Search results for 'Civil law' (try it on Scholar)

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  1. Asta Dambrauskaitė (2010). The Development of Lithuanian Civil Law before and after the Adoption of the Civil Code in 2000 (text only in French). Jurisprudence 121 (3):195-211.score: 90.0
    The article outlines some aspects of the civil law in Lithuania, an Eastern European country, which underwent an essential transformation in the last decades. The author outlines the development of the Lithuanian civil law from the oldest written sources up to the adoption of the new Civil Code of the Republic of Lithuania in 2000. The author is critical about the denomination of Lithuania as a “new” state and draws attention to the history of Lithuanian law, which (...)
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  2. Adela Cortina (2000). Civil Ethics and the Validity of Law. Ethical Theory and Moral Practice 3 (1):39-55.score: 72.0
    This paper aims to clarify the nature and contents of 'civil ethics' and the source of the binding force of its obligations. This ethics should provide the criteria for evaluating the moral validity of social, legal and morally valid law. The article starts with observing that in morally pluralist Western societies civil ethics already exists, and has gradually started to play the role of guiding the law. It is argued that civil ethics should not be conceived as (...)
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  3. Clare Connelly & Kate Cavanagh (2007). Domestic Abuse, Civil Protection Orders and the `New Criminologies': Is There Any Value in Engaging with the Law? Feminist Legal Studies 15 (3):259-287.score: 72.0
    Changes in government policy over the last two decades have seen the traditional goals of criminal justice, namely prosecution and punishment, being replaced by an emphasis on prevention, fear reduction, security and harm reduction. During this time domestic abuse has gained a place on the political agenda, which has resulted in legislative initiatives in the form of civil protection orders across the U.K. which primarily focus on prevention but have also more recently begun to rely on the traditional criminal (...)
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  4. Amber L. Griffioen (2007). “In Accordance with the Law”: Reconciling Divine and Civil Law in Abelard. American Catholic Philosophical Quarterly 81 (2):307-321.score: 66.0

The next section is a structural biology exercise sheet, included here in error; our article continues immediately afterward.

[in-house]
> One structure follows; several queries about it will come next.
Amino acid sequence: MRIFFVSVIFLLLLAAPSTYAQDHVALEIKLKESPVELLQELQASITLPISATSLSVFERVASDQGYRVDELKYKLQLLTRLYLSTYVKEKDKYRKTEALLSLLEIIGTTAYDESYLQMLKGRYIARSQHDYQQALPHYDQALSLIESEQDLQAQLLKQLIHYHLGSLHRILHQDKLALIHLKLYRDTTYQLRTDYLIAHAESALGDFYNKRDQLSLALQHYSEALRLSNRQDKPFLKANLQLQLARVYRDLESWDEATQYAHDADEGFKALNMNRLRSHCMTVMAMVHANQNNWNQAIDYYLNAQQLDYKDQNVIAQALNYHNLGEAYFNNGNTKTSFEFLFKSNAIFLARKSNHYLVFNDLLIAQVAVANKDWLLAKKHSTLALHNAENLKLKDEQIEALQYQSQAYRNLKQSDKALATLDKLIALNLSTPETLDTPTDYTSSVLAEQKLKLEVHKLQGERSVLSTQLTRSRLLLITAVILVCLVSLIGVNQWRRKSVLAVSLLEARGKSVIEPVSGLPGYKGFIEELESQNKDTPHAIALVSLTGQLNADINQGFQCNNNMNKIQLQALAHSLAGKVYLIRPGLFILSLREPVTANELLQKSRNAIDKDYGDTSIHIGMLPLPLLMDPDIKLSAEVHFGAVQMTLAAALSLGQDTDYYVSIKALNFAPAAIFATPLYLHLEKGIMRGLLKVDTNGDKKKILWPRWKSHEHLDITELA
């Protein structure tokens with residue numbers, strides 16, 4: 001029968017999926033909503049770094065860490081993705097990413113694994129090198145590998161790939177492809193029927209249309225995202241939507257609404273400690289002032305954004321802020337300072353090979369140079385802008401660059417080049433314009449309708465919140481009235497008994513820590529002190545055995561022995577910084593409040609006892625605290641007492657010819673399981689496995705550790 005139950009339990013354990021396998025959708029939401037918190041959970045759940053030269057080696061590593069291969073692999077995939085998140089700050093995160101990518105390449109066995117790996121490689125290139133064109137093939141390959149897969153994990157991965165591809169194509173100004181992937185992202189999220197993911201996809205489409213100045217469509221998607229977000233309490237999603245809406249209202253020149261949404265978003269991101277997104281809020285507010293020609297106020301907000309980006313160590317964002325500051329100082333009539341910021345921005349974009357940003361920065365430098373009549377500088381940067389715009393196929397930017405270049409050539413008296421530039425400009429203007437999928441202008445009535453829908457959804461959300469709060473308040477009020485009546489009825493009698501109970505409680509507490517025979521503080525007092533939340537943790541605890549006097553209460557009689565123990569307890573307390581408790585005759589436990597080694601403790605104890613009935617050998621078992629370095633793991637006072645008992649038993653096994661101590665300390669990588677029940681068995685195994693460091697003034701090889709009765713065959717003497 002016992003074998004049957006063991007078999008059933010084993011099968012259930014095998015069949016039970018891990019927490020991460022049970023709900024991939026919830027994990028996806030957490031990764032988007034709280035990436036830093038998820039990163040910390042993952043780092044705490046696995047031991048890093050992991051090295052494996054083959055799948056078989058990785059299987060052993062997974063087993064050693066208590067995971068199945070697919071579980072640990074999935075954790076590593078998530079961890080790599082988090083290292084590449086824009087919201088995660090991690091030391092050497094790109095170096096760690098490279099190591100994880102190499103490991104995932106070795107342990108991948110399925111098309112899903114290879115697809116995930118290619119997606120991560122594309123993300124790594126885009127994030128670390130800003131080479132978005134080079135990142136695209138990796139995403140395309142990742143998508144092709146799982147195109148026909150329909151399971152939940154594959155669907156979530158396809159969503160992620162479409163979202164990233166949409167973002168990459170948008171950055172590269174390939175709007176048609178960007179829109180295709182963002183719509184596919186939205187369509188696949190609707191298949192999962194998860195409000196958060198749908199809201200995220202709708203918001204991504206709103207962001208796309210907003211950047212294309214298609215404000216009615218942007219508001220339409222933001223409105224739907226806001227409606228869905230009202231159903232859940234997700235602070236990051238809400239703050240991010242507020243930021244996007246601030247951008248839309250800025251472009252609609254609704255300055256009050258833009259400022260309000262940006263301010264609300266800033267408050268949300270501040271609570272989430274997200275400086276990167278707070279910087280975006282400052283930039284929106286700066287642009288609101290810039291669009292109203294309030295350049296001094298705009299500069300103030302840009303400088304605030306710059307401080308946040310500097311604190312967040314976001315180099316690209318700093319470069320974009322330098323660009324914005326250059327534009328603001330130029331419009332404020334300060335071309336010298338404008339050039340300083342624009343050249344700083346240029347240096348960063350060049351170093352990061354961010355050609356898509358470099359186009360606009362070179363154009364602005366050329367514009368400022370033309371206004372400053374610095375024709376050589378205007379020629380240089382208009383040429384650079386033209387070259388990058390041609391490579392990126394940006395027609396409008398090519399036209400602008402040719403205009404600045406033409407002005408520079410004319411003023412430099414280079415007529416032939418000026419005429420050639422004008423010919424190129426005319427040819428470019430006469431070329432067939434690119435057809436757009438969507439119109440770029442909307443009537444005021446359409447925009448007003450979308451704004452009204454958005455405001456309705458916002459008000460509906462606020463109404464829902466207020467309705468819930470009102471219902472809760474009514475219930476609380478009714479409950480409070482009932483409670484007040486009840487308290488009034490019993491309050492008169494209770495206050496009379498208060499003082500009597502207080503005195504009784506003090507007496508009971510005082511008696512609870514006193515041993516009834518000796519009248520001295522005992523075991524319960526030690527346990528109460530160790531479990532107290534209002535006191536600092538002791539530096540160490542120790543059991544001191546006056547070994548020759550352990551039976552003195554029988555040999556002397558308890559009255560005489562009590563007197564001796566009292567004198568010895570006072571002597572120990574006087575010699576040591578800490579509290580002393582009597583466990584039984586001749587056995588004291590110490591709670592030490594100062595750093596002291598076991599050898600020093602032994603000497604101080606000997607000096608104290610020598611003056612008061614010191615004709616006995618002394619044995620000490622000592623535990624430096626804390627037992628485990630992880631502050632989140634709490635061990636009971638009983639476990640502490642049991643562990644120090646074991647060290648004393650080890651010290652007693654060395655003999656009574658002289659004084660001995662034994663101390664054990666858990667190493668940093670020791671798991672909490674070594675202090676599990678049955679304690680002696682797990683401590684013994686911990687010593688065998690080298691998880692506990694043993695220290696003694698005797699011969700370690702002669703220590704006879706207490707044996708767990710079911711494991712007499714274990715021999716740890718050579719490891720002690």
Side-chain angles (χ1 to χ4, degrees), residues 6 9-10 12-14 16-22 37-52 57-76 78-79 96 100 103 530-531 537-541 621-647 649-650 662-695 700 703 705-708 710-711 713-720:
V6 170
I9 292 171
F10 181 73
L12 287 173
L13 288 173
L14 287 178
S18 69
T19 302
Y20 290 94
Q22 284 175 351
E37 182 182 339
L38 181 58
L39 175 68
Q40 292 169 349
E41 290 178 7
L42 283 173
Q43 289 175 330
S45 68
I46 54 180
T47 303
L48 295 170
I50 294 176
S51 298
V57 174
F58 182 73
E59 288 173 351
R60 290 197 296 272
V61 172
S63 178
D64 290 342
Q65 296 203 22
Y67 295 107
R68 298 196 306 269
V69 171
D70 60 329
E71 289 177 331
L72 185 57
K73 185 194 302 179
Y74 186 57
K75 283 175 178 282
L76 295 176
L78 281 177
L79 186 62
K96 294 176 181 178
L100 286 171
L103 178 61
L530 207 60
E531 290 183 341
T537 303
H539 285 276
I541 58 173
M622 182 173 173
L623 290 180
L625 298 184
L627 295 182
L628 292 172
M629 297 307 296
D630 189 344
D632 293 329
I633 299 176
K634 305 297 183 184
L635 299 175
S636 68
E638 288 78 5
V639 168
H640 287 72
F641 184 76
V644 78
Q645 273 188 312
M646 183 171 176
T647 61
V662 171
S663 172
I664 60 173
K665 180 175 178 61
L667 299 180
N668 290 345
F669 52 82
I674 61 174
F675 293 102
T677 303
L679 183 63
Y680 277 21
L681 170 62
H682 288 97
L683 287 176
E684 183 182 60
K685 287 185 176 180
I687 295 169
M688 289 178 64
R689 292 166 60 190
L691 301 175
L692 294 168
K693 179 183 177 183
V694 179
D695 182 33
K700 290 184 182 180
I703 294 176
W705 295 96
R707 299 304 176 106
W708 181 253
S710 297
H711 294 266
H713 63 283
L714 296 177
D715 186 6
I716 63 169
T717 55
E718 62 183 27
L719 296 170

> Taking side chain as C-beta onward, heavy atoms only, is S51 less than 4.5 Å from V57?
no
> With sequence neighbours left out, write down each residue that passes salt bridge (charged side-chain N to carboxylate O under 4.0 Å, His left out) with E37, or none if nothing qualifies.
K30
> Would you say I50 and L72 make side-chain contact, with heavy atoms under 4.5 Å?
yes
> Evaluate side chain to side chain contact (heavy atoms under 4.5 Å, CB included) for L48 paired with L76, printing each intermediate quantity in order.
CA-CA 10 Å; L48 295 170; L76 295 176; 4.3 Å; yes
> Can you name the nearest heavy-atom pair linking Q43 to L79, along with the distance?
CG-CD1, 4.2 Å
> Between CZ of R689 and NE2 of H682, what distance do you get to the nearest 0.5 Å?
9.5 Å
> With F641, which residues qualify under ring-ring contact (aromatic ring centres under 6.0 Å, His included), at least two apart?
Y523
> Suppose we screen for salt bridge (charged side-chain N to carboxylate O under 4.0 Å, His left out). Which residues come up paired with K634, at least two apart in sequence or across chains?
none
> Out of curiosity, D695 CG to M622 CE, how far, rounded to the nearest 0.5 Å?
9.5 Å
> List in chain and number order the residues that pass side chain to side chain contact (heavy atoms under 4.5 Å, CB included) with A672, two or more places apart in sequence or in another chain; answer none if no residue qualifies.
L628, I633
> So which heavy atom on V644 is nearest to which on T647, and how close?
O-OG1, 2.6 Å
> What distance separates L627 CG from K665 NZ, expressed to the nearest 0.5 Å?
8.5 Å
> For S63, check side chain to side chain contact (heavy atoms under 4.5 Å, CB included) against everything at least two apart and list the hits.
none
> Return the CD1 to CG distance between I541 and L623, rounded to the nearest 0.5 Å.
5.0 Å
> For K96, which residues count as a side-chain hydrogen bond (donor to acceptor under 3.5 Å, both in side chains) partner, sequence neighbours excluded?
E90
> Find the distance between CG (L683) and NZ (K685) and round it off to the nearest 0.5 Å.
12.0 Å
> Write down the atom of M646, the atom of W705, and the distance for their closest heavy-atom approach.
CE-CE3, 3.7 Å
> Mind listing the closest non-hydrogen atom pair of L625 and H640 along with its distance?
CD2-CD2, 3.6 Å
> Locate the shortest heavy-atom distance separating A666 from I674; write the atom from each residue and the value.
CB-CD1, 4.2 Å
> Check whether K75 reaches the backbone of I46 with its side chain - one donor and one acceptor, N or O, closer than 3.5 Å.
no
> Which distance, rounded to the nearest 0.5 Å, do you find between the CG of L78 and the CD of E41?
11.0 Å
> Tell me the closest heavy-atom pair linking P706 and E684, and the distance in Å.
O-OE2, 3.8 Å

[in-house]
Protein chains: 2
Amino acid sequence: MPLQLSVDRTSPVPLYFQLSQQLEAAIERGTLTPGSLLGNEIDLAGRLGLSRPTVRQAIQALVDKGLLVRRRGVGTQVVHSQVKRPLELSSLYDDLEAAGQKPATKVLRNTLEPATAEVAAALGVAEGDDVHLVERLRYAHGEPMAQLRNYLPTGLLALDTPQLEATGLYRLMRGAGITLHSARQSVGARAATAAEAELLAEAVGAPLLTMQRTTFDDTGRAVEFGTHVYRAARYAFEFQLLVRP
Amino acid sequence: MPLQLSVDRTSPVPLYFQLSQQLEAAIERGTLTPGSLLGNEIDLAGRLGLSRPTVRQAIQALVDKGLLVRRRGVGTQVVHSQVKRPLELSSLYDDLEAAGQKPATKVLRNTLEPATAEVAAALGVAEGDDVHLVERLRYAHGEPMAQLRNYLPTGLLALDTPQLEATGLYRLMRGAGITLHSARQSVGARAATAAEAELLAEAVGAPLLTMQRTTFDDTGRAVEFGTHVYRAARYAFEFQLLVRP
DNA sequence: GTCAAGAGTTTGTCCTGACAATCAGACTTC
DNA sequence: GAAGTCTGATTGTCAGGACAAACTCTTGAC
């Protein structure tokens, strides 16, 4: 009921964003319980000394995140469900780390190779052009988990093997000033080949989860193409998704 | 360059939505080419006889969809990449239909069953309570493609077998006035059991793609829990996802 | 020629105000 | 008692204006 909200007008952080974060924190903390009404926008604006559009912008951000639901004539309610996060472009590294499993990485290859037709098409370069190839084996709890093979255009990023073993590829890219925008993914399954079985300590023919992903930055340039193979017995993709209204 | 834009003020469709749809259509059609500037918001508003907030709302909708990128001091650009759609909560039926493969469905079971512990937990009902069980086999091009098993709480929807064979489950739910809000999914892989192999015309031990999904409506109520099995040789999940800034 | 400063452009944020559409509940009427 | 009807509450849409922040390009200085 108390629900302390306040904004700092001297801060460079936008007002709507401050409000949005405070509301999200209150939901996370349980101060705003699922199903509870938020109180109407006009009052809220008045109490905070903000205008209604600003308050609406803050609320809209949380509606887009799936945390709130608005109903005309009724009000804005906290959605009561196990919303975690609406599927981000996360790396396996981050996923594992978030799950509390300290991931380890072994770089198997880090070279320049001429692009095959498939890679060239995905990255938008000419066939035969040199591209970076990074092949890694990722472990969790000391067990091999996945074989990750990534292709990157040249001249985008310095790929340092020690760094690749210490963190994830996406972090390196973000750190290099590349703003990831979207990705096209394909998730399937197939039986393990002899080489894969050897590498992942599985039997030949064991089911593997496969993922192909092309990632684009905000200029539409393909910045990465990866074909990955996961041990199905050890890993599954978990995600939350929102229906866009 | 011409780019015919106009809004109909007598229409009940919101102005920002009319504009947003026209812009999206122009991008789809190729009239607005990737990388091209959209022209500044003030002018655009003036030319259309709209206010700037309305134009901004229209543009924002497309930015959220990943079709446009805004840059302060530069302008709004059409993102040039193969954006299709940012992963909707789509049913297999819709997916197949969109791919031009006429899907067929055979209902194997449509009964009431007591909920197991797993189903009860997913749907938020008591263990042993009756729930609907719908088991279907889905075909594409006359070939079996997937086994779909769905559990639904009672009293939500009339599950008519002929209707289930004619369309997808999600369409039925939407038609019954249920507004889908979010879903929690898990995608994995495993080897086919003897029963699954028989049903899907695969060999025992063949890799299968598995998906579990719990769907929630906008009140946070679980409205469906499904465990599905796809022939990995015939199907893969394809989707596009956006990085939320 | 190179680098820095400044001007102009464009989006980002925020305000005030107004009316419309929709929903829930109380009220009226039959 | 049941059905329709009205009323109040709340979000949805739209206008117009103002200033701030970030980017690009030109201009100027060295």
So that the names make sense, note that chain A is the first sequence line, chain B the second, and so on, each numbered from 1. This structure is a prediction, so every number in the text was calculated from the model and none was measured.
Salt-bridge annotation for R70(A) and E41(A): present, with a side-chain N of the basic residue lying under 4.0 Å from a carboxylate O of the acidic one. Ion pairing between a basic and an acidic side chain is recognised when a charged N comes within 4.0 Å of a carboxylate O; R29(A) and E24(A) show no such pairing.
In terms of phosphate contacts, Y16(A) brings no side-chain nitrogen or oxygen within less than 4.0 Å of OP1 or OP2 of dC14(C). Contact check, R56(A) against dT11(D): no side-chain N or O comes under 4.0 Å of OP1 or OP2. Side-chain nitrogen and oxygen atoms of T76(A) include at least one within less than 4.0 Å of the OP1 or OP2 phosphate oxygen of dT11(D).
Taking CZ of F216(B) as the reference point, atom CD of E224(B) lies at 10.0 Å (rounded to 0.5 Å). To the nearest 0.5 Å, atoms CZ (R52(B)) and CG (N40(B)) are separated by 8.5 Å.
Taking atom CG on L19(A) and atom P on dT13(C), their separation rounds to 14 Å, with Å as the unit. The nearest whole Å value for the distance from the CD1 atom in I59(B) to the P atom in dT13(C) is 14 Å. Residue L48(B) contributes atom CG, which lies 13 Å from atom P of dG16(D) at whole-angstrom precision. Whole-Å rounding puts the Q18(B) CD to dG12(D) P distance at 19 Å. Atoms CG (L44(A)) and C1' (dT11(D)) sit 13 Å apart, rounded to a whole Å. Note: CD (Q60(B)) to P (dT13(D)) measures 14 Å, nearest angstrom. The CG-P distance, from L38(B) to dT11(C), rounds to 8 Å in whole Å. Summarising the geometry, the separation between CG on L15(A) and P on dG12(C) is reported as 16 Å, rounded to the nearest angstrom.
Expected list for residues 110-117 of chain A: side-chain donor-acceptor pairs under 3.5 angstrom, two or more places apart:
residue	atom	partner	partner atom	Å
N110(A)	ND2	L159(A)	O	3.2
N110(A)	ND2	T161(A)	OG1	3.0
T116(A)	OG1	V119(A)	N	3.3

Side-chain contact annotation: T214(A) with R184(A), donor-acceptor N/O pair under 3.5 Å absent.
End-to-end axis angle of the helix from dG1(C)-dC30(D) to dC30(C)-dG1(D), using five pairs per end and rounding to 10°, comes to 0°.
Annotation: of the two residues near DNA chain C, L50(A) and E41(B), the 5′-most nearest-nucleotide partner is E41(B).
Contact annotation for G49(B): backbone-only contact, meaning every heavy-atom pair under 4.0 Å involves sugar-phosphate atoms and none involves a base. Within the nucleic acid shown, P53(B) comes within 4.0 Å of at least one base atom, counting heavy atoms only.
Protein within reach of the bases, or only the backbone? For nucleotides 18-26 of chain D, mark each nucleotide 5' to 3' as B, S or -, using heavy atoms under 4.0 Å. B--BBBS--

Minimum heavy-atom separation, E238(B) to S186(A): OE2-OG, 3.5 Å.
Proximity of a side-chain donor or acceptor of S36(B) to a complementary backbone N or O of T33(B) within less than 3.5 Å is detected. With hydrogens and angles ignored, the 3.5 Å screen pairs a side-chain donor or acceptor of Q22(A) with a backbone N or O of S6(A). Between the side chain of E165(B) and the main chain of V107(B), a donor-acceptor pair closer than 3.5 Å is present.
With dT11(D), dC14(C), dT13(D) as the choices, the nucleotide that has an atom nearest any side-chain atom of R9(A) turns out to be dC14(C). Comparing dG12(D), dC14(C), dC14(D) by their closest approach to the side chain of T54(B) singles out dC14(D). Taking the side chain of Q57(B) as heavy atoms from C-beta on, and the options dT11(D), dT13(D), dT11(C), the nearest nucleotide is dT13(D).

In the Ethics, Abelard discusses the example of a judge who knowingly convicts an innocent defendant. He claims that this judge does rightly whenhe punishes the innocent man to the full extent of the law. Yet this claim seems counterintuitive, and, at first glance, contrary to Abelard’s own ethical system. Nevertheless, I argue that Abelard’s ethical system cannot be viewed as completely subjective, since the rightness of an individual act of consent is grounded in objective standards established by God. Likewise, (...)
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  5. Ramūnas Birštonas (2013). Accession as a Mode of Acquisition and Loss of Ownership in the Lithuanian Civil Law. Jurisprudence 20 (3):1081-1094.score: 66.0
    The aim of the article is to answer the question if accession can be maintained as a separate and independent mode of acquisition and loss of ownership in the Lithuanian civil law. Although this mode takes its beginning in the Roman law and is well-known in other European jurisdictions, the situation in Lithuania is less clear because the accession is almost totally absent from the legal texts of the Lithuanian positive civil law, court decisions and legal doctrine as (...)
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  6. P. J. Kelly (1990). Utilitarianism and Distributive Justice: Jeremy Bentham and the Civil Law. Oxford University Press.score: 63.0
    Drawing extensively on Bentham's unpublished civil and distributive law writings, classical and recent Bentham scholarship, and contemporary work in moral and political philosophy, Kelly here presents the first full-length exposition and sympathetic defense of Bentham's unique utilitarian theory of justice. Kelly shows how Bentham developed a moderate welfare-state liberal theory of justice with egalitarian leanings, the aim of which was to secure the material and political conditions of each citizen's pursuit of the good life in cooperation with each other. (...)
     
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  7. Christian Byk (1989). Donum Vitae: Civil Law and Moral Values. Journal of Medicine and Philosophy 14 (5):561-573.score: 60.0
    reminds us that reproductive medicine has become part of our social reality and as such justifies the intervention of public authorities. The Instruction suggests relevant principles which should guide appropriate legislation. This essay analyzes how far the French government has taken these fundamental principles into account. Keywords: IVF-ET, Donum Vitae , civil law, France CiteULike Connotea Del.icio.us What's this?